There is something to be said about horror movies. No matter how terrible the times or how horrendous reality seems to be at the moment, slasher flicks always seem to draw a crowd. In fact, many of my friends lean into a Netflix binge of Criminal Minds or Hannibal during a hard break up or difficult time in their life. These days, a horror film reads pretty close to reality — if not a bit peachier.
Following that train of thought, why not then, in the midst of a global pandemic, read about a plague? Cue to Albert Camus’ The Plague.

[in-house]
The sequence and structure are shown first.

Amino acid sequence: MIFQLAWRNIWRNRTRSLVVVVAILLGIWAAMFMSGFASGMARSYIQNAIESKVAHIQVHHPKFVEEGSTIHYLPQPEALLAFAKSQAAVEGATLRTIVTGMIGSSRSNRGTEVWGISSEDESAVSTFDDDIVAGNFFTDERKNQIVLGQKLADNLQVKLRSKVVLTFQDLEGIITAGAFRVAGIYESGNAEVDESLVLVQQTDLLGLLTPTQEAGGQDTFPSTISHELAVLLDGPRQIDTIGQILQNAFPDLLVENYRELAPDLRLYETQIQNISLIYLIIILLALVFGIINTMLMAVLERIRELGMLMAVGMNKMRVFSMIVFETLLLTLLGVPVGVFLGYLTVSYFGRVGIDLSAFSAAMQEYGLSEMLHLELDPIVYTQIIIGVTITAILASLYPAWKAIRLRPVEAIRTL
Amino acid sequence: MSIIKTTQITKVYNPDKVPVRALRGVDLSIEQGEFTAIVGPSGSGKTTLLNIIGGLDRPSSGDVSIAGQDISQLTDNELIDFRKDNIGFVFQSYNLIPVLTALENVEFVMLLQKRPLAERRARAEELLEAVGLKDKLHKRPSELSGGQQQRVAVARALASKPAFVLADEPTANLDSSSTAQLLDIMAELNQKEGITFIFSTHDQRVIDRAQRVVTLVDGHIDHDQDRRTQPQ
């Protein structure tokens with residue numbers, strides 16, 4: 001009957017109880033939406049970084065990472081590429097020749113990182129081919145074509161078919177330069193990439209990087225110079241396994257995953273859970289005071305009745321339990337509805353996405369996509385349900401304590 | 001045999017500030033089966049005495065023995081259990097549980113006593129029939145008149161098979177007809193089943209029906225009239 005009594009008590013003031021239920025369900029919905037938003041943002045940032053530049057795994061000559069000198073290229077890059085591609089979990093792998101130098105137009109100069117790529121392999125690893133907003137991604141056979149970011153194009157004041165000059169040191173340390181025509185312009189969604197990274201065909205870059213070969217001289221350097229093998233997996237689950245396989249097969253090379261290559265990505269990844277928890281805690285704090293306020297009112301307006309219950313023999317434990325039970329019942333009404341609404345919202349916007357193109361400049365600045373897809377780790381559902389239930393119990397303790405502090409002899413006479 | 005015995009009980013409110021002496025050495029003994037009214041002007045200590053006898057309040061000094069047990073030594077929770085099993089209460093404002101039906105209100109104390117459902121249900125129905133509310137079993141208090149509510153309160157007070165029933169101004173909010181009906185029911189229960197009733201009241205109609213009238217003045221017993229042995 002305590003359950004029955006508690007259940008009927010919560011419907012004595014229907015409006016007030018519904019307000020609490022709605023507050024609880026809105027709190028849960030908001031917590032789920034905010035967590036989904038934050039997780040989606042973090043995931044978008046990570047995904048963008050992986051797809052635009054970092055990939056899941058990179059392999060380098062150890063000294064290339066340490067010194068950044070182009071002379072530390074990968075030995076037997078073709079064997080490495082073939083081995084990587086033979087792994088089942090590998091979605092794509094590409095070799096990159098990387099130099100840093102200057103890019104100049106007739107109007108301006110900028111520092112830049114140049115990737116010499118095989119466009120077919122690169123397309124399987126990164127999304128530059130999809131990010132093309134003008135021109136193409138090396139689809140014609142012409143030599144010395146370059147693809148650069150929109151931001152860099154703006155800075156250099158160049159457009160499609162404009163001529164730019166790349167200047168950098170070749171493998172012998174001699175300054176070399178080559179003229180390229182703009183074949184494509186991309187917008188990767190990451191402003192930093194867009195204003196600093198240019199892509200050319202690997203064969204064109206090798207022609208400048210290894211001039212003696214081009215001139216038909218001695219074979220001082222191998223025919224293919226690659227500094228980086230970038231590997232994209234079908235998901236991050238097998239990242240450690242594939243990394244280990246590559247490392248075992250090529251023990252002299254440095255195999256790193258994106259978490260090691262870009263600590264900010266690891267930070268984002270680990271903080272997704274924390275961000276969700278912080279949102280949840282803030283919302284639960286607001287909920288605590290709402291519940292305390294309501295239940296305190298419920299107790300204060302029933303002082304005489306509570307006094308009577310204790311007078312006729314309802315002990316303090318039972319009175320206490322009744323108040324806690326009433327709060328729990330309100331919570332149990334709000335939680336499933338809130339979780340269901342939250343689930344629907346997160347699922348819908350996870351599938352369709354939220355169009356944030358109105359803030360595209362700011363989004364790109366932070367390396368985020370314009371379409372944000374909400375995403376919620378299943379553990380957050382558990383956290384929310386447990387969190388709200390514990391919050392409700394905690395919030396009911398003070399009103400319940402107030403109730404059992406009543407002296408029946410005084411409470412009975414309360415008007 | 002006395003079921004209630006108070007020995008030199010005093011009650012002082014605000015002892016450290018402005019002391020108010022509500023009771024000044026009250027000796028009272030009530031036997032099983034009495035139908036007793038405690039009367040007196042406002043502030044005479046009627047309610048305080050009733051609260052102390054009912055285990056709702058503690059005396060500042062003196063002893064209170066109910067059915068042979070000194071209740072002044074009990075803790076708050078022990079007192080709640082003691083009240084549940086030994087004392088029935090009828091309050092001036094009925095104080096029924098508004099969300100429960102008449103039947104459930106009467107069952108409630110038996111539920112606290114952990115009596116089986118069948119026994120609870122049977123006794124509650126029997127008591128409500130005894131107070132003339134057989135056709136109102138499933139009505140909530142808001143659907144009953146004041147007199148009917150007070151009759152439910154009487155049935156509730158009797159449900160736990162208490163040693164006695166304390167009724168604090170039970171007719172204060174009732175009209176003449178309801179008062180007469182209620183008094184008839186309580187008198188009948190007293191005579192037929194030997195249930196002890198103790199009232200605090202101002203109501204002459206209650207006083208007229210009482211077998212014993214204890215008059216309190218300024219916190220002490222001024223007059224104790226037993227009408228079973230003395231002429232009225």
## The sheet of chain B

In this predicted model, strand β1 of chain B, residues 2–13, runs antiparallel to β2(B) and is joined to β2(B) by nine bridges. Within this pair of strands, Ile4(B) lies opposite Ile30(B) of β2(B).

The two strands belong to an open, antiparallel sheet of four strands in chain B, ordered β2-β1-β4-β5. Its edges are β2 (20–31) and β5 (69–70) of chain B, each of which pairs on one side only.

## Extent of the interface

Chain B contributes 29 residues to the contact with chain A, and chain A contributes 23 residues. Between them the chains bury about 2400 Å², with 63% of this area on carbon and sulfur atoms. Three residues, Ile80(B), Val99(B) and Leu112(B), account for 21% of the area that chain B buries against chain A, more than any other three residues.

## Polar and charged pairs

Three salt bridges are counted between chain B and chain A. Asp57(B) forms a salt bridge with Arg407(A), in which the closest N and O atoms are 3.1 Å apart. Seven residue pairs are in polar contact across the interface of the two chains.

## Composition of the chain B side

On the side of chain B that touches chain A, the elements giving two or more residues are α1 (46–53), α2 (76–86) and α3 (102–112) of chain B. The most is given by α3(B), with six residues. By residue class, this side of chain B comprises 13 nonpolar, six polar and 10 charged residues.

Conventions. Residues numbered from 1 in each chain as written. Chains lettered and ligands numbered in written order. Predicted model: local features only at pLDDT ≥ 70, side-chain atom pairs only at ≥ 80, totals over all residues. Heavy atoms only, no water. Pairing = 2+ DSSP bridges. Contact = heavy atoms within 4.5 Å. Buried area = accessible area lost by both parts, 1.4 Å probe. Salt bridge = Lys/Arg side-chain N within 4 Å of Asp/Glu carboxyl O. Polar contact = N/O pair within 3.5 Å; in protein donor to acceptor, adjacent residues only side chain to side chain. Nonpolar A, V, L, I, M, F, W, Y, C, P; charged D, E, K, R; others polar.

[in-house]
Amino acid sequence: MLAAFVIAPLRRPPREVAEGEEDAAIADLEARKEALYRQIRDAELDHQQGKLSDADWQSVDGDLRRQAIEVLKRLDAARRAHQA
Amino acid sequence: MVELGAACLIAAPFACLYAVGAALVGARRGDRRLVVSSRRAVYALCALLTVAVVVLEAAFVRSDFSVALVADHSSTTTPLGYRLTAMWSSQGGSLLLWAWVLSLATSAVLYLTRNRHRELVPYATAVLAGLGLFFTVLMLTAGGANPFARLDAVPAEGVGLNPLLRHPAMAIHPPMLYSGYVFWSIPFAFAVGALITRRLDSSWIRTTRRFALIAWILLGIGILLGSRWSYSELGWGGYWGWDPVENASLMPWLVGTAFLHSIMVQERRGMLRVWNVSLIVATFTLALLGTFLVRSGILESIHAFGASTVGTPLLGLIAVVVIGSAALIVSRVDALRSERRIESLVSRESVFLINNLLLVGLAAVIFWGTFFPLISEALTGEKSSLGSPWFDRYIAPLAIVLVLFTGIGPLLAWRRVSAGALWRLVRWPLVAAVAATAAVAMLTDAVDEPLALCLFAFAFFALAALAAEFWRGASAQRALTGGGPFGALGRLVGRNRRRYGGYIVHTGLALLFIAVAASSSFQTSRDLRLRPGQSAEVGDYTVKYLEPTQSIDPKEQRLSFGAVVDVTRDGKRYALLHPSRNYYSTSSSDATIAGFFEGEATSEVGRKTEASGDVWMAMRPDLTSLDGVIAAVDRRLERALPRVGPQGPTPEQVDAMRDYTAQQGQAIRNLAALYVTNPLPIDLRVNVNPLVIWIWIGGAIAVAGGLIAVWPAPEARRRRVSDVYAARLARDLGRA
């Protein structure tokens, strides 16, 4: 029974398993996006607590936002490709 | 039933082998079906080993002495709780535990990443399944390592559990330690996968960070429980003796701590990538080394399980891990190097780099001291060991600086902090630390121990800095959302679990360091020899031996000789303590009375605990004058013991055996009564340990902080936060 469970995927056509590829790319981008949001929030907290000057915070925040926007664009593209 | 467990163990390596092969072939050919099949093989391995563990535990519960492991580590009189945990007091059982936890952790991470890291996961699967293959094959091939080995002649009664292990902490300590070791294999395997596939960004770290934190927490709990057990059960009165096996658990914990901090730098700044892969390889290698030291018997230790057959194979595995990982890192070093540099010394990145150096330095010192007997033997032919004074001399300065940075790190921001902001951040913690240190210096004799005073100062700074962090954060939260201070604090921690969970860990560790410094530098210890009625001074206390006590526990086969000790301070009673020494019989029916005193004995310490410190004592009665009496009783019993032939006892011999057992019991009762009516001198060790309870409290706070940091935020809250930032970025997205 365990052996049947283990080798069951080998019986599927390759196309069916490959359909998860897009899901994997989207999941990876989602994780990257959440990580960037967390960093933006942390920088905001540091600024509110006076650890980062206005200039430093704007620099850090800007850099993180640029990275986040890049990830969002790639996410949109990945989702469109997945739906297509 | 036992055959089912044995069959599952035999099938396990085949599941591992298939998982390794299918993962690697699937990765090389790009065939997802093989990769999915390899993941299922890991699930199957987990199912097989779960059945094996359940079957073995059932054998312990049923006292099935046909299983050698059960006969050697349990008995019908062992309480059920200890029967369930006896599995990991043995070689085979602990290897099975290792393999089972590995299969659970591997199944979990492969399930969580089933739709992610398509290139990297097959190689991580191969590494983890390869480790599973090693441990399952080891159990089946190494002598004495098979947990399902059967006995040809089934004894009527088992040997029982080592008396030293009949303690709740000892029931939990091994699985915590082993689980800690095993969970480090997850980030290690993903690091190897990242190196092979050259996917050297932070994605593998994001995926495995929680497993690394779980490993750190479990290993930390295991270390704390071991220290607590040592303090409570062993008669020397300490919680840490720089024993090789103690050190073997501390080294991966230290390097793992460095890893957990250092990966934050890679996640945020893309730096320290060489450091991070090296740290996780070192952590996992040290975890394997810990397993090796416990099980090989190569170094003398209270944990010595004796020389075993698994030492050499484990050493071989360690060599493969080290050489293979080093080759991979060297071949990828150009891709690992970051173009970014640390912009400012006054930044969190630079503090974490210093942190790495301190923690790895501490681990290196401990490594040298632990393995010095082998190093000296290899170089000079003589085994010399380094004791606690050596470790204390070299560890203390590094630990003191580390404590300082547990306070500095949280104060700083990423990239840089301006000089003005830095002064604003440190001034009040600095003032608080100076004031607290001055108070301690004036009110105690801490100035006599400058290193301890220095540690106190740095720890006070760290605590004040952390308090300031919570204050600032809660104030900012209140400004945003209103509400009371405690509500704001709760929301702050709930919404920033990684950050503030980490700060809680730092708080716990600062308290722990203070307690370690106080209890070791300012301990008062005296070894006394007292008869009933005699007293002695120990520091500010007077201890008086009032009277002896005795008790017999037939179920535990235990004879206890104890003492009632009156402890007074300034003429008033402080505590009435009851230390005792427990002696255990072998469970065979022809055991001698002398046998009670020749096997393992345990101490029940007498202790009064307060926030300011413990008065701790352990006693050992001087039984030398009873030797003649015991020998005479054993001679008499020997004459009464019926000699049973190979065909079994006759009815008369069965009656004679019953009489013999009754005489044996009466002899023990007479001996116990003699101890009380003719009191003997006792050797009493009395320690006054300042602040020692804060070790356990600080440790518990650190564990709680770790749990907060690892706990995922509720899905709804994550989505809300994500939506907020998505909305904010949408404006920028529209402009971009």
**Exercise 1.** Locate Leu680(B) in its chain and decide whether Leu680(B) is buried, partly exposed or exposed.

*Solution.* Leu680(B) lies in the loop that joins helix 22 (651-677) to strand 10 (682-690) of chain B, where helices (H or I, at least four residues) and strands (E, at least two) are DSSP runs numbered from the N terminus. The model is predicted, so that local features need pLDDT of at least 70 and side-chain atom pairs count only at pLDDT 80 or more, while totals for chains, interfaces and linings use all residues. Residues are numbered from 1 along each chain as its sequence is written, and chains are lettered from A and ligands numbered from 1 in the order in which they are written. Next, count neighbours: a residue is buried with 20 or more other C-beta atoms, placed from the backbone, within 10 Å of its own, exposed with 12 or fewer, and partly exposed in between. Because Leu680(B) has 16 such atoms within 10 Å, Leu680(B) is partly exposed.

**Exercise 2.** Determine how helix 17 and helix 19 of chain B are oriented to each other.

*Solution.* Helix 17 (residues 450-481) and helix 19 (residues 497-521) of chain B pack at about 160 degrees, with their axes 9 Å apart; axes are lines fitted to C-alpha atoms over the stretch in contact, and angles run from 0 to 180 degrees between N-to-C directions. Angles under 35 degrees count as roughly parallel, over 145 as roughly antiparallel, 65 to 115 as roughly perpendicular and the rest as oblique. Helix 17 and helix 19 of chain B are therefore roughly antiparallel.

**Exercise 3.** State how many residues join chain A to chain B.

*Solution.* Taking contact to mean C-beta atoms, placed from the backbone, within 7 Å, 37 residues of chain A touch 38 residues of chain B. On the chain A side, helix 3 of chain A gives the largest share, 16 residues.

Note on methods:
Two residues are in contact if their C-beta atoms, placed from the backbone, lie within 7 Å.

The Plague by Albert Camus takes place in the French colonized town of Oran, Algeria. Racial, social, and medical injustices abound in the 308-page book which uses a devastating pandemic to delve into even deeper issues: capitalism and corruption, gross injustices, and a false sense of superiority. Split into five sections, the novel details the insidious spread of plague (in a town that steadfastly ignores its progression) and the subsequent disintegration of a sane society. Sounds eerily familiar, does it not? Well, at least COVID-19 isn’t harbored in the bodies of, and I kid you not, blood-spewing rats…at least not yet. Though…there was that one squirrel in Colorado with the Bubonic Plague (he really couldn’t read the room).